Mr. Kramer also highlighted that since the passing of UNSCR 1325 in 2000 the global landscape has changed in three significant ways:
- There are existential wartime challenges in Europe, and a potential of war over Taiwan.
- Climate challenge is better understood, more acute, and obvious.
- The U.S. now faces a geopolitical and economic challenge from China.
The challenge now becomes incorporating WPS principles into a world where the rules-based order is under challenge. Knowing this, Mr. Kramer asks, “How do we create an orderly system that can allow for better circumstances, particularly for women and children?” He highlights the need for the U.S. to include more women in its decision making to allow for a safer, more inclusive world. However, the resources to implement this inclusivity are still insufficient and not widely spread, so more humanitarian groups and civil society promoting WPS need to be properly supported.
Ambassador Melanne Verveer (Georgetown Institute for WPS Executive Director) emphasized that the U.S. Strategy and National Action Plan on WPS is part of an ongoing effort to promote women’s meaningful participation, leadership, and engagement in decision-making, which builds upon the U.S. National Action Plan on WPS released in 2011 and codified in 2017.
The new Strategy and National Action Plan outlines core principles, such as the need to protect women and to ensure their participation in relief and recovery efforts. Recognizing the changing geopolitical landscape, which is marked by climate change and new technology like AI, Ambassador Verveer acknowledged that the U.S. framework on WPS cannot remain static and must constantly be updated. In particular, she highlighted “integration and institutionalization” as both a core priority and the biggest challenge we face today. While the United States has not come close to fulfilling the potential of the WPS mandate, the new U.S. Strategy and National Action Plan obligates the government to better integrate WPS principes into its policies, programs, and trainings.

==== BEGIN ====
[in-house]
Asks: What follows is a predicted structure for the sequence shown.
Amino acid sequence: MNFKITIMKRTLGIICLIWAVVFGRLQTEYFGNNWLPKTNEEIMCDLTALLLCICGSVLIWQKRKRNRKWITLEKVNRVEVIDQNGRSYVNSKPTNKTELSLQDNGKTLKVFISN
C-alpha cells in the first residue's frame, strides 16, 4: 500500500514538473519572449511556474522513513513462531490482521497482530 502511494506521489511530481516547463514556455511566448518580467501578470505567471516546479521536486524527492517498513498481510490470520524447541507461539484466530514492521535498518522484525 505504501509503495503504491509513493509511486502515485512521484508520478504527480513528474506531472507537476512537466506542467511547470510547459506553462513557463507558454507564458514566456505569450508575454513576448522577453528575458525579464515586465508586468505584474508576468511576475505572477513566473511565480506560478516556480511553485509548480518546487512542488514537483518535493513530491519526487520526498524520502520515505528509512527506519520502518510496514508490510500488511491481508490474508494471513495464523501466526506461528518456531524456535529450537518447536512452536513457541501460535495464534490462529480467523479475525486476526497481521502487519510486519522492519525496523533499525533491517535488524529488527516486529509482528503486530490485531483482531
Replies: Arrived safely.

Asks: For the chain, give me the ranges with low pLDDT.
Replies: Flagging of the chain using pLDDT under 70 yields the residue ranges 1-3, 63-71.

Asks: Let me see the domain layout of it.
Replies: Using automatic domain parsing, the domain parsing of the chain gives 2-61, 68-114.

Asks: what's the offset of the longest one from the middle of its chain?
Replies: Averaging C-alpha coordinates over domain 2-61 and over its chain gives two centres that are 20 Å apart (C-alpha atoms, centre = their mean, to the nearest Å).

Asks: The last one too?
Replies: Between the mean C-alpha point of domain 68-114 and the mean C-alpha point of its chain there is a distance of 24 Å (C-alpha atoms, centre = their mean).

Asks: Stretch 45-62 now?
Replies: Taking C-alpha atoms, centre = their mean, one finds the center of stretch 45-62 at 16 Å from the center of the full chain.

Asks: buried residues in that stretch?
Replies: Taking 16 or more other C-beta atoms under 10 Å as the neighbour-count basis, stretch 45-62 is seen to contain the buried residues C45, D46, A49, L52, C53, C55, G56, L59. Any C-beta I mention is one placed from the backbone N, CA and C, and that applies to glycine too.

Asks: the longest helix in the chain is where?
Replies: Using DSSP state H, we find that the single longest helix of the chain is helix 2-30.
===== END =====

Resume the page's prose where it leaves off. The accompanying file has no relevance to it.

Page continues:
Conveying the central role of Women, Peace and Security in preventing and resolving conflicts remains a notable challenge for the global WPS community. In addressing this obstacle, Ambassador Verveer reiterated the findings of the Women, Peace and Security Index, which demonstrates that countries experience greater prosperity and peace when women are actively involved and gender equality flourishes.
Moreover, Ambassador Verveer underscored the need to invest in the capacity of local women leaders to ensure global peace and prosperity. Despite women’s organizations serving as essential ‘first responders’ and playing a pivotal role in facilitating dialogues and reconciliation efforts, they receive minimal funding, and their peace work is often detached from formal peace talks, where they are excluded. Ambassador Verveer emphasized the importance of championing comprehensive, inclusive, and locally led approaches across the U.S. government, despite the challenges posed by entrenched norms and traditions.
Watch the full event here: https://www.atlanticcouncil.org/event/assessing-the-2023-us-strategy-on-women-peace-and-security/